Toronto Maple Leafs: Every Game Needs a Massive Amount of Penalties

BUFFALO, NY - FEBRUARY 11: NHL referee Wes McCauley #4 during the first period of a game between the Buffalo Sabres and the Detroit Red Wings at KeyBank Center on February 11, 2020 in Buffalo, New York. (Photo by Timothy T Ludwig/Getty Images)
BUFFALO, NY - FEBRUARY 11: NHL referee Wes McCauley #4 during the first period of a game between the Buffalo Sabres and the Detroit Red Wings at KeyBank Center on February 11, 2020 in Buffalo, New York. (Photo by Timothy T Ludwig/Getty Images) /

The Toronto Maple Leafs finally get back to work tonight against the Ottawa Senators, after another nice little break during this condensed NHL season.

While the Toronto Maple Leafs were away, the NHL became embroiled in a large controversy after notoriously bad referee Tim Peel was caught on camera saying what everyone who has ever cared about the NHL already knew to be true: NHL refs call phantom penalties in order to keep the calls as even as possible.

"Going all the way back to 2018-19, referees get what they’re hoping for 25 percent of the time, calling exactly the same number of penalties on both sides. That may not seem like much, but that jumps to 62 percent for a penalty differential of one or less and 86 percent for two or less. Over half the games being within one penalty and nearly 90 percent within two feels like it’s by design.  (The, Luszczyszyn)."

The problem with doing this is that it incentivizes teams to break the rules while not rewarding teams for following them.  For instance, a team that considers it’s special teams a net positive can liberally break the rules, thus making them harder to score against, all the while knowing that any penalties they take are likely to put themselves on the power play.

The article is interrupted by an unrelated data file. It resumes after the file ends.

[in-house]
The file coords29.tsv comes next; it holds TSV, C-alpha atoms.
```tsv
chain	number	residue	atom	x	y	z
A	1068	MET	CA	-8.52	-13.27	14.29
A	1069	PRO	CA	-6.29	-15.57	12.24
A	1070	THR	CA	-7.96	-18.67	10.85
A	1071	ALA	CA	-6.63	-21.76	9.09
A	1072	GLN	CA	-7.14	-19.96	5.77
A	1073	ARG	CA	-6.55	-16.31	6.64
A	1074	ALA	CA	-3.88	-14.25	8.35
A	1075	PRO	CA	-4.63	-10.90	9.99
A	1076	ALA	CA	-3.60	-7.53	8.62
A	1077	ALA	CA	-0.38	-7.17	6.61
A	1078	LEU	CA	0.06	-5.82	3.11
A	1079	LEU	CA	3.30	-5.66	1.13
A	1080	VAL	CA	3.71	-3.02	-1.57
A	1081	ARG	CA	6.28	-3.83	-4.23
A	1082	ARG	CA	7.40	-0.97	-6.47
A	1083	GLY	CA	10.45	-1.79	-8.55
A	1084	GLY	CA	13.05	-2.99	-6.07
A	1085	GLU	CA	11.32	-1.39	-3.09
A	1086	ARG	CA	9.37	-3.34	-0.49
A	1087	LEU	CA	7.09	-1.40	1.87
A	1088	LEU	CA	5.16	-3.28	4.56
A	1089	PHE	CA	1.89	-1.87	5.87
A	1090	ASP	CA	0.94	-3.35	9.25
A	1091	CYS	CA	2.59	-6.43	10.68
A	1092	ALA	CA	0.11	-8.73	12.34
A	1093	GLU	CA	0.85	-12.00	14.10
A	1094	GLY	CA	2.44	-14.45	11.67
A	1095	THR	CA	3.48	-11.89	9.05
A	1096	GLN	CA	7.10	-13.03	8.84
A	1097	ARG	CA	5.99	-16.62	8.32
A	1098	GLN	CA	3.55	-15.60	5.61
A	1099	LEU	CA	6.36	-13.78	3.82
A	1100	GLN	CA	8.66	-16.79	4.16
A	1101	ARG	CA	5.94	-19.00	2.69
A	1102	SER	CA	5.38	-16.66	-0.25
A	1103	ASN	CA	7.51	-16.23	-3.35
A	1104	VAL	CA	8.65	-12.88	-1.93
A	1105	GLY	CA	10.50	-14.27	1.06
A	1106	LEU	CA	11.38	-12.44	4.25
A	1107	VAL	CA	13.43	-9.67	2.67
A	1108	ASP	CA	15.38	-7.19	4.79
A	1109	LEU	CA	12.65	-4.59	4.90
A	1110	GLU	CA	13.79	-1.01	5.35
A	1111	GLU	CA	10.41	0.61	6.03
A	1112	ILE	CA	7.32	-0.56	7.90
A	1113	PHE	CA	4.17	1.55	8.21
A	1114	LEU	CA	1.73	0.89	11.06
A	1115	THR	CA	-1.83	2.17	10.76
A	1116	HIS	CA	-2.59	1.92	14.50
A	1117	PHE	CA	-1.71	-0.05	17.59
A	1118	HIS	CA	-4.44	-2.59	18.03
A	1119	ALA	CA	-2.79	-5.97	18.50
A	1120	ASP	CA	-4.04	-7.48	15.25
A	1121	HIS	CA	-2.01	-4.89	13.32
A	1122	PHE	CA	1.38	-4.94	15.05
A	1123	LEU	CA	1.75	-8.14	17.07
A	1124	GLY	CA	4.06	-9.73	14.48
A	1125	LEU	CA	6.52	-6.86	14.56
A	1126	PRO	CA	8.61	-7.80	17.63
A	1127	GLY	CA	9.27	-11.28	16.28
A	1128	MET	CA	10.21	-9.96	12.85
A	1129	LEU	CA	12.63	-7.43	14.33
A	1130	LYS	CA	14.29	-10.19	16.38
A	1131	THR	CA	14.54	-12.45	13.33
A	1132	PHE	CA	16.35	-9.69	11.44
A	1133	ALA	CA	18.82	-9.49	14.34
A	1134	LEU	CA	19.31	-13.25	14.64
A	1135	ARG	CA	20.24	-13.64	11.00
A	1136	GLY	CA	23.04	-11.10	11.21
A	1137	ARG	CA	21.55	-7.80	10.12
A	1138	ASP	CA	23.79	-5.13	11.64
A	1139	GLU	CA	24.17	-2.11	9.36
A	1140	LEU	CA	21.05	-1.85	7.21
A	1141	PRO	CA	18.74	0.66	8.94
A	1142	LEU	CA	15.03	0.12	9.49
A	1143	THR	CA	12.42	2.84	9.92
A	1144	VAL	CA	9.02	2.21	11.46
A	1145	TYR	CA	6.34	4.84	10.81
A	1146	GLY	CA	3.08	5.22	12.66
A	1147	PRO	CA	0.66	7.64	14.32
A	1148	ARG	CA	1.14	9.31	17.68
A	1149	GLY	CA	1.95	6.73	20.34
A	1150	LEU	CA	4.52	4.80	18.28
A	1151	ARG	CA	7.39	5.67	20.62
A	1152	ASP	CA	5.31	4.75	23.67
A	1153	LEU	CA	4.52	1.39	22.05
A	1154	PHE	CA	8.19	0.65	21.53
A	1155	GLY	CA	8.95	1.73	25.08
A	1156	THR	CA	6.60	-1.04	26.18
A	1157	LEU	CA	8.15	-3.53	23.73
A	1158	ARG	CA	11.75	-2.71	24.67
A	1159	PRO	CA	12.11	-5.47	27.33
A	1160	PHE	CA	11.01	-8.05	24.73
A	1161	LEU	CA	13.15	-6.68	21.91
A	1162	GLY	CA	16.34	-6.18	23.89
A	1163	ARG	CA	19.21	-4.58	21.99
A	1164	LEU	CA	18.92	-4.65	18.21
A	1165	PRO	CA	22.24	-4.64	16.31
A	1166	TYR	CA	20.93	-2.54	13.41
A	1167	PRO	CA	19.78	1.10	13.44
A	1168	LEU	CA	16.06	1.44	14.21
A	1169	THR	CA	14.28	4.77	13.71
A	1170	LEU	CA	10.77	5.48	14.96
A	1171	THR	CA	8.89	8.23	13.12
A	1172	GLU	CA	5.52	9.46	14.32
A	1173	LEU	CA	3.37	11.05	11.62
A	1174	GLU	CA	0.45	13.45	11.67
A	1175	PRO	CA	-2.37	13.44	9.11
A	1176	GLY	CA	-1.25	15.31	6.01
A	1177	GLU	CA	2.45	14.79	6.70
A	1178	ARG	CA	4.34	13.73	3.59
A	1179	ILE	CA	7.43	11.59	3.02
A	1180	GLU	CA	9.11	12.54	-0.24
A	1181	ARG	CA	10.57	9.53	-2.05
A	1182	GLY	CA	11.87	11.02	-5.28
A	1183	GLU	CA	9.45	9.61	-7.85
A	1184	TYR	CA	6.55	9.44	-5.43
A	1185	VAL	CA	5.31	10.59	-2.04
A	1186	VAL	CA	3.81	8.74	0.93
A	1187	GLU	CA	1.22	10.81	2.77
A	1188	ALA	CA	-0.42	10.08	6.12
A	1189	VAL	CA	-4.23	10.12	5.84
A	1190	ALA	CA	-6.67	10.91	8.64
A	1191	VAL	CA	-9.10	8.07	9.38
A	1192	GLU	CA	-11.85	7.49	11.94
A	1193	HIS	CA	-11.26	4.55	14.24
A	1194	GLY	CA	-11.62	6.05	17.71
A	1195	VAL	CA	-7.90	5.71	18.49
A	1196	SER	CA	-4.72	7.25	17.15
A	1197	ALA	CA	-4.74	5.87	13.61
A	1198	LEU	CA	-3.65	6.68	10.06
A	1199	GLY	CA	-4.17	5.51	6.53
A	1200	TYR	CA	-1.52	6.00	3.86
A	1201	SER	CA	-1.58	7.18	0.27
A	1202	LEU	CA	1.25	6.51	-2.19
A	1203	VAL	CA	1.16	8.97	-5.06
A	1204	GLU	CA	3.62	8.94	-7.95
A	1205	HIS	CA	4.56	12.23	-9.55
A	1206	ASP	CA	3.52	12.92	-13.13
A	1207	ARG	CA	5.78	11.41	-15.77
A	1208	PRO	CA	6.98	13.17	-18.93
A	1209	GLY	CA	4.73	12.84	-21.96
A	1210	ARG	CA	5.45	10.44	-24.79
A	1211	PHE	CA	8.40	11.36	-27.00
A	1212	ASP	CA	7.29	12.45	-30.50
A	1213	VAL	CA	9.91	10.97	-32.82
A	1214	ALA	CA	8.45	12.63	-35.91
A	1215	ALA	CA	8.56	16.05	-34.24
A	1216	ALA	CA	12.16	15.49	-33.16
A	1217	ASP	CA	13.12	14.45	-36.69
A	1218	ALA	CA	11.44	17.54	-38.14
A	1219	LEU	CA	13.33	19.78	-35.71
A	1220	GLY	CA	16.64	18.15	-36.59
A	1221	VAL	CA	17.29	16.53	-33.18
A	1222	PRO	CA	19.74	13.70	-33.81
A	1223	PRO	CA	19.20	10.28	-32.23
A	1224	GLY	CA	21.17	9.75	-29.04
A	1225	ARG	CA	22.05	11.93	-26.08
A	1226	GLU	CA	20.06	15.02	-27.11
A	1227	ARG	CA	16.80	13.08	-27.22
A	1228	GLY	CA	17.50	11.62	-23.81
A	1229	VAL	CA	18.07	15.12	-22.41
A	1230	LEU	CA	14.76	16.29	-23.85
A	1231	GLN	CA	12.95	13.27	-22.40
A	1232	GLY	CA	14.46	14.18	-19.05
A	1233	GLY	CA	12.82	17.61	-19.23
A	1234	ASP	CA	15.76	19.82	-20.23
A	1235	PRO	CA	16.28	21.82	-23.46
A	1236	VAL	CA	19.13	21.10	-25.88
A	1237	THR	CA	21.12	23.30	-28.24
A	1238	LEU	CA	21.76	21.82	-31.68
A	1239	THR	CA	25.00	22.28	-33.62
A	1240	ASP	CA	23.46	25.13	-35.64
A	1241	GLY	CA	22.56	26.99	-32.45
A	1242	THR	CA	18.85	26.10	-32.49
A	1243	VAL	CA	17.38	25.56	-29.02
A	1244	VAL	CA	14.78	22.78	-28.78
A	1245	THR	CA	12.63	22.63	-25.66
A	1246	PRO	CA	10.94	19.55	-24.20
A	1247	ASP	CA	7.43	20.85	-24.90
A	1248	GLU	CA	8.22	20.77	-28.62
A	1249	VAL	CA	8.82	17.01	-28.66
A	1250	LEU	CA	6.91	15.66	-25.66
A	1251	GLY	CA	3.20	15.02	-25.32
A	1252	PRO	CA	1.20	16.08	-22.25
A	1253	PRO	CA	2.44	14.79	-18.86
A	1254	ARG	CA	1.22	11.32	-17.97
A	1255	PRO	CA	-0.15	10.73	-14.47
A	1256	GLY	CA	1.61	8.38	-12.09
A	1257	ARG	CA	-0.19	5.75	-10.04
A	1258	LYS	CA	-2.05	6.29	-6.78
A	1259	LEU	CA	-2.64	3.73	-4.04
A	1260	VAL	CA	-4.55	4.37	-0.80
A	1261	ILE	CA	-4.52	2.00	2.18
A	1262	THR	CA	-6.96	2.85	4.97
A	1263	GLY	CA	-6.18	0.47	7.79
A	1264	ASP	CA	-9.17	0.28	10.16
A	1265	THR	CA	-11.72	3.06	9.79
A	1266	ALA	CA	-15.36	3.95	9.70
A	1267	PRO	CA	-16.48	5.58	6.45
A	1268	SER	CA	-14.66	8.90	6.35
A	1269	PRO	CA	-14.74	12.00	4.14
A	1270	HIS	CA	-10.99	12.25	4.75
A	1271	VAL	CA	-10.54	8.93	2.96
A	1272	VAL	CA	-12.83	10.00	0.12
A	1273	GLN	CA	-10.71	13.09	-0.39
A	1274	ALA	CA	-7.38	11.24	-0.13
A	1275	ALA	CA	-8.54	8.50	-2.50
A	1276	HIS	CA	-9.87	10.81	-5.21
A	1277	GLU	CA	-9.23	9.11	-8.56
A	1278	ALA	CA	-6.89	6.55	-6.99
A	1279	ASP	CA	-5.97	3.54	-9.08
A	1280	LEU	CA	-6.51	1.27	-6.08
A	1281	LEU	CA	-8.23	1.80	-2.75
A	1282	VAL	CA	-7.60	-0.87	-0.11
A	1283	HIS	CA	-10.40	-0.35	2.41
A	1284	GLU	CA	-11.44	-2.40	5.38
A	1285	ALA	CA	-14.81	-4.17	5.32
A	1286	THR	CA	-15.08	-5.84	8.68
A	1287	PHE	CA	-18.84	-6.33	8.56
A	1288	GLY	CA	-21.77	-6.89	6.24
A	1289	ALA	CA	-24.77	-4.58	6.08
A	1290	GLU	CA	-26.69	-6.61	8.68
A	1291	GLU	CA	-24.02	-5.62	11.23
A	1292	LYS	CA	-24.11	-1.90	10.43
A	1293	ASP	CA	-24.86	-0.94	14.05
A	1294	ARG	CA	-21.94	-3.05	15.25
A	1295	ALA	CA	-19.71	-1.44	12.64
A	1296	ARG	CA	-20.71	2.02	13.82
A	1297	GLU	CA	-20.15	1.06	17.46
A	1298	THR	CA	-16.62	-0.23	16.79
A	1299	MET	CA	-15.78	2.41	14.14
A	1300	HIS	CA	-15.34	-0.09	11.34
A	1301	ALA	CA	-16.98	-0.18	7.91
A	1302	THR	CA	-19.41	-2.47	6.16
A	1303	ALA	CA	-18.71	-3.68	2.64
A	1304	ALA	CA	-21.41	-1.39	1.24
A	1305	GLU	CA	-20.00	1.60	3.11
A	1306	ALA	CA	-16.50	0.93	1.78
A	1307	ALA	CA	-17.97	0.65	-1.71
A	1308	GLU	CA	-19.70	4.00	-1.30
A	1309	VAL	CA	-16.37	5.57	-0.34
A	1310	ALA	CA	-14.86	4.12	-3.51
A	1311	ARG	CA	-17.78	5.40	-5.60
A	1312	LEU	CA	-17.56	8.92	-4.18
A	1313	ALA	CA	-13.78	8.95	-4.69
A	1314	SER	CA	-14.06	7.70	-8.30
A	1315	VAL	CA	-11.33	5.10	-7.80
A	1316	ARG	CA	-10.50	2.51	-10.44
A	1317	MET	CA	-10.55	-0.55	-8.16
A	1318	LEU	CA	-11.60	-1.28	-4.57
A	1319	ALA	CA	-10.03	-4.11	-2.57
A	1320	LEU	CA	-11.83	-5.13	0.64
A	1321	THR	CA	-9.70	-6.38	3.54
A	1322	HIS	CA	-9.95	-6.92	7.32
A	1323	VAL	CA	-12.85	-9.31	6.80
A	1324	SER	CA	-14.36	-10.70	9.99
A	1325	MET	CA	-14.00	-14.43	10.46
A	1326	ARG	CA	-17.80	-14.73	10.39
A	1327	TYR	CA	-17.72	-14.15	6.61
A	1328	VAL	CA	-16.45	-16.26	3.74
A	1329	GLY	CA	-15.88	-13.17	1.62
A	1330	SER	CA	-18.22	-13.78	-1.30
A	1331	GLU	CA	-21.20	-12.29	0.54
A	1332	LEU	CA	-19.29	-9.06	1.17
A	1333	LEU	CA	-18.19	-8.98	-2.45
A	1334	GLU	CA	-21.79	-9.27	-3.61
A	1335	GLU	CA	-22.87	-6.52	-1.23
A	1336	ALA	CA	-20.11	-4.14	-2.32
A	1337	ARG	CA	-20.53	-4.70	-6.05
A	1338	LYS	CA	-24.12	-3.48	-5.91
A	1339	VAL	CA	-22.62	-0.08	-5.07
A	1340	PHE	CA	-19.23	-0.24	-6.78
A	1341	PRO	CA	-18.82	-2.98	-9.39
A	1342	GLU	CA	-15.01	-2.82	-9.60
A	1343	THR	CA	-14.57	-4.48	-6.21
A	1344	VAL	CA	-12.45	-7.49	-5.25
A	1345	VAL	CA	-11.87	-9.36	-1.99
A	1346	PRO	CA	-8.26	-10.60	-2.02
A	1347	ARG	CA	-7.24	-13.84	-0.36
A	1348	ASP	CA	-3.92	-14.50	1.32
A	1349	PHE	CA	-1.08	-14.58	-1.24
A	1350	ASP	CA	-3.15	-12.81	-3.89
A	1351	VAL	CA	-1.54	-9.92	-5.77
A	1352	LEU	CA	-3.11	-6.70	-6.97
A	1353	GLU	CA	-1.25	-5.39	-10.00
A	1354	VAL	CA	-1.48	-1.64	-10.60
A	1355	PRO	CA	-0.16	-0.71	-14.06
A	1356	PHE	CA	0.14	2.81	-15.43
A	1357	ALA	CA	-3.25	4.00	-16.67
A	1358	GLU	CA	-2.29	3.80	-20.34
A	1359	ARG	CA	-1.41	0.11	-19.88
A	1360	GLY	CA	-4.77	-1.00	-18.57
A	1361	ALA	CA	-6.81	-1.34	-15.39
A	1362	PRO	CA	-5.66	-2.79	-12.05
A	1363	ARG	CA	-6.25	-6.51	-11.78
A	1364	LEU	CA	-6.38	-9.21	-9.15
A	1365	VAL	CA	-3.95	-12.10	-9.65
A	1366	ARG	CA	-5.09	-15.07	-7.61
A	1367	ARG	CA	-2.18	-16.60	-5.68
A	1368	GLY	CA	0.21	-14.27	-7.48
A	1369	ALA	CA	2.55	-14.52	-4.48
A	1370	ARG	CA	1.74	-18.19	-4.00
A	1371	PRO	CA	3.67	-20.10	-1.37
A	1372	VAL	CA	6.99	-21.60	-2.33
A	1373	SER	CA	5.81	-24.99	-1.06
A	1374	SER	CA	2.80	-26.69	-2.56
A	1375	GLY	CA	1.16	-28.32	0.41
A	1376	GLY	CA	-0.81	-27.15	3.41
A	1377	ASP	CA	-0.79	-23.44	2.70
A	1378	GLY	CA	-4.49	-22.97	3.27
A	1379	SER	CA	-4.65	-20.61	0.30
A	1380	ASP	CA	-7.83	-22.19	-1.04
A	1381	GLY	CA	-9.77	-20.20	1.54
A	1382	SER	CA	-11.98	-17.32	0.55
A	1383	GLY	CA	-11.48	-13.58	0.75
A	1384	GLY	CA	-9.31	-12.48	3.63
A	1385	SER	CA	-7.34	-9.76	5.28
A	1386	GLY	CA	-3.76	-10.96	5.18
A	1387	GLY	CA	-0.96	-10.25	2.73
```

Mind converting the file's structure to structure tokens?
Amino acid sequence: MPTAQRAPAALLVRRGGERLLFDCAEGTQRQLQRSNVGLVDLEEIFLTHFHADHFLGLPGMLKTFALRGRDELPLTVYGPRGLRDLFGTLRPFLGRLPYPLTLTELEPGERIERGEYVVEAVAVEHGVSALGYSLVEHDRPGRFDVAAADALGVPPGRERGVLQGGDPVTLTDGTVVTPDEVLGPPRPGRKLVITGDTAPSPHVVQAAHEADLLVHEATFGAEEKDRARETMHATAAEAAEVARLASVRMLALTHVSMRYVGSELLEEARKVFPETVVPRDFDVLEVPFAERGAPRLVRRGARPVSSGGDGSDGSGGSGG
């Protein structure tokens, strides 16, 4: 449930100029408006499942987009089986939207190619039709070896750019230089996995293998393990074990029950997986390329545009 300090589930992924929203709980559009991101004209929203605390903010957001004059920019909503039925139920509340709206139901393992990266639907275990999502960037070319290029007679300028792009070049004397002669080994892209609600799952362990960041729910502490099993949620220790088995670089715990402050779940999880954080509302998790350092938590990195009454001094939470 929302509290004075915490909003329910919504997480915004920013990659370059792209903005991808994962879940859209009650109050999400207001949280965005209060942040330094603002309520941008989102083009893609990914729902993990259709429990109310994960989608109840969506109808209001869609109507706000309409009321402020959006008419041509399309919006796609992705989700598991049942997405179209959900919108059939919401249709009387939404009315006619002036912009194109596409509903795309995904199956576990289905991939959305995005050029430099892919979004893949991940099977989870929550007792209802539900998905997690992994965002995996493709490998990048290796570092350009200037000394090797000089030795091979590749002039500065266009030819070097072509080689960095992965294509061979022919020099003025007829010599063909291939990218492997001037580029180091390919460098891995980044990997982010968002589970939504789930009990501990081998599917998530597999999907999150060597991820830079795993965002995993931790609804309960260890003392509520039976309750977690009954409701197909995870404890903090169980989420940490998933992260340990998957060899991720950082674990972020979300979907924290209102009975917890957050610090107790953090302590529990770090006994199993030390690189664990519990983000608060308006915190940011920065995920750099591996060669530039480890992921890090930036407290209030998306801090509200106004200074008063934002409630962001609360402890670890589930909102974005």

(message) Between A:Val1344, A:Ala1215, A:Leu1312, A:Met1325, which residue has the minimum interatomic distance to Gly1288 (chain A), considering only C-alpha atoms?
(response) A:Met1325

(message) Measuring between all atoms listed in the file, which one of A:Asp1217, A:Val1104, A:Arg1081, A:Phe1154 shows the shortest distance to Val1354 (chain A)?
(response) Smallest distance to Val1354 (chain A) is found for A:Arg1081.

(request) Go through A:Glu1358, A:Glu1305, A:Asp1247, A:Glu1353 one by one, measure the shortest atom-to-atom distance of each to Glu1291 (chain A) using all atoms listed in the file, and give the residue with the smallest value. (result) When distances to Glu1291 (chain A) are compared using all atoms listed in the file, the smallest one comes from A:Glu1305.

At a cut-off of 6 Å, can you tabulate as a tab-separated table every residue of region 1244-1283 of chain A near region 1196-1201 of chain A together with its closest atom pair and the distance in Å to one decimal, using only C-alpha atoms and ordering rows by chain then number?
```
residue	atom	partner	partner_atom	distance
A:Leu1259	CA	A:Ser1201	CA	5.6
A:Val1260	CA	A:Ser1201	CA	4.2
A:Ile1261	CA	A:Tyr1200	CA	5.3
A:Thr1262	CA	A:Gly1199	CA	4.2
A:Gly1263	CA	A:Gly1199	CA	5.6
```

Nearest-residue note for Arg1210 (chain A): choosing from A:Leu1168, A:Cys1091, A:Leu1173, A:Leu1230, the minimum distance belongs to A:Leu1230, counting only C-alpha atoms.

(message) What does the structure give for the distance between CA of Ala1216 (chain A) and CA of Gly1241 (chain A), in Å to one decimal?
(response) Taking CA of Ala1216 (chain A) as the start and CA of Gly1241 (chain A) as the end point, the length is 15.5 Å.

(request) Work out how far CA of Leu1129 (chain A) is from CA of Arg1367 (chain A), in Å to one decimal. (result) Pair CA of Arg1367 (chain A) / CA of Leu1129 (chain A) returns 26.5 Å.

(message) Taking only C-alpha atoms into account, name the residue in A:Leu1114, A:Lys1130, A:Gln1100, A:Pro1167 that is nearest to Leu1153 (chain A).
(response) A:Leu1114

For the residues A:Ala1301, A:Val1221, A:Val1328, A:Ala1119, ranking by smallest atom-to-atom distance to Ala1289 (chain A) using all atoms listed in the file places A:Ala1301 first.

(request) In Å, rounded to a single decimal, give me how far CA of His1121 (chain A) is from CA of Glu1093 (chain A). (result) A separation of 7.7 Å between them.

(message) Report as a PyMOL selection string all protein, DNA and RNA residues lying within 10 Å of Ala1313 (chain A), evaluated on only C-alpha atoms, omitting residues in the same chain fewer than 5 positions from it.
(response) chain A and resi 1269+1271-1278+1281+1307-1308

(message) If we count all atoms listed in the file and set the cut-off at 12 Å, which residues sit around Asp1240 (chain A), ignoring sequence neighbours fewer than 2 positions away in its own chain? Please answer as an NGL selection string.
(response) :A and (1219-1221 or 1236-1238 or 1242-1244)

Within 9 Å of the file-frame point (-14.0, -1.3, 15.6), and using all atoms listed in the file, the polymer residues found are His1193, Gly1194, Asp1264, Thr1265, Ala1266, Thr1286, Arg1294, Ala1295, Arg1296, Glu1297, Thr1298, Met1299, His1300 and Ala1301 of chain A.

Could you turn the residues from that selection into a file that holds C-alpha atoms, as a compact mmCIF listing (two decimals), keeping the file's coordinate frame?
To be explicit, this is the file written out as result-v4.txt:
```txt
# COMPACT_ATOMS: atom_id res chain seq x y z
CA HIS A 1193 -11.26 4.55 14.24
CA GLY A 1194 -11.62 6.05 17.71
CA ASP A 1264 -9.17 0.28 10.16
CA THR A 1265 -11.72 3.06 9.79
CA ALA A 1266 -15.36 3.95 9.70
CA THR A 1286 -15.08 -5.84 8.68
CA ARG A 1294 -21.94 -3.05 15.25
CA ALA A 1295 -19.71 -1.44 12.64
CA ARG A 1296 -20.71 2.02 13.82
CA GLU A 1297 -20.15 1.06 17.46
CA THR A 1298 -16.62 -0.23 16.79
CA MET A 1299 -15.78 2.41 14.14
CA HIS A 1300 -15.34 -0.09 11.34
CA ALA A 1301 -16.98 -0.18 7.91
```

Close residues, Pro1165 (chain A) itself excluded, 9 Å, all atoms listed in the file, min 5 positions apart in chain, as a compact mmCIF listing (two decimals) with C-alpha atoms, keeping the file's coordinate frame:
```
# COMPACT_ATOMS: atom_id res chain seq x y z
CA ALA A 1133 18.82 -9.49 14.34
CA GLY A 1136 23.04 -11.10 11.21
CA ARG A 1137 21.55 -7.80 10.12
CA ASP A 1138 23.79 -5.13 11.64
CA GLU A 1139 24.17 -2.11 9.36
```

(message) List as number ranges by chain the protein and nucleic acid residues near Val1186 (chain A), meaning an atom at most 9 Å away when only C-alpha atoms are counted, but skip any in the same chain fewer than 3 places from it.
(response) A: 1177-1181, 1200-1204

It’s one thing if a ref, realizing a mistake, calls a soft penalty to make up for it – no one should have a problem with that.  The problem is artificially keeping the power-plays even, out of some misguided idea about managing the game.

Problems with Officiating

It is unacceptable that the NHL doesn’t have uniform rules.  From the regular season to the playoffs, from the first period to the third period, then again if its close late, there are always different versions of what is a penalty.

Consistency – both in the same game and game-to-game  – is a huge problem, but it’s not the only one caused by the NHL’s unspoken edict to keep power-plays roughly even.  Another problem is safety – hockey players have pretty conclusively demonstrated that they will injure each other horribly if left to their own devices.  Therefore, the league has to enforce its rules so that that doesn’t happen.  Since, sometimes, eleven consecutive cross-checks to the neck do not warrant a penalty, we know that this isn’t happening.

As for the idea that there shouldn’t be calls in the last couple of minutes of a game, well that is just idiotic.  Until the NHL adds a rule to the rule book that states that only egregious infractions should be called when the game is close to ending, changing the rules halfway through the game is indefensible.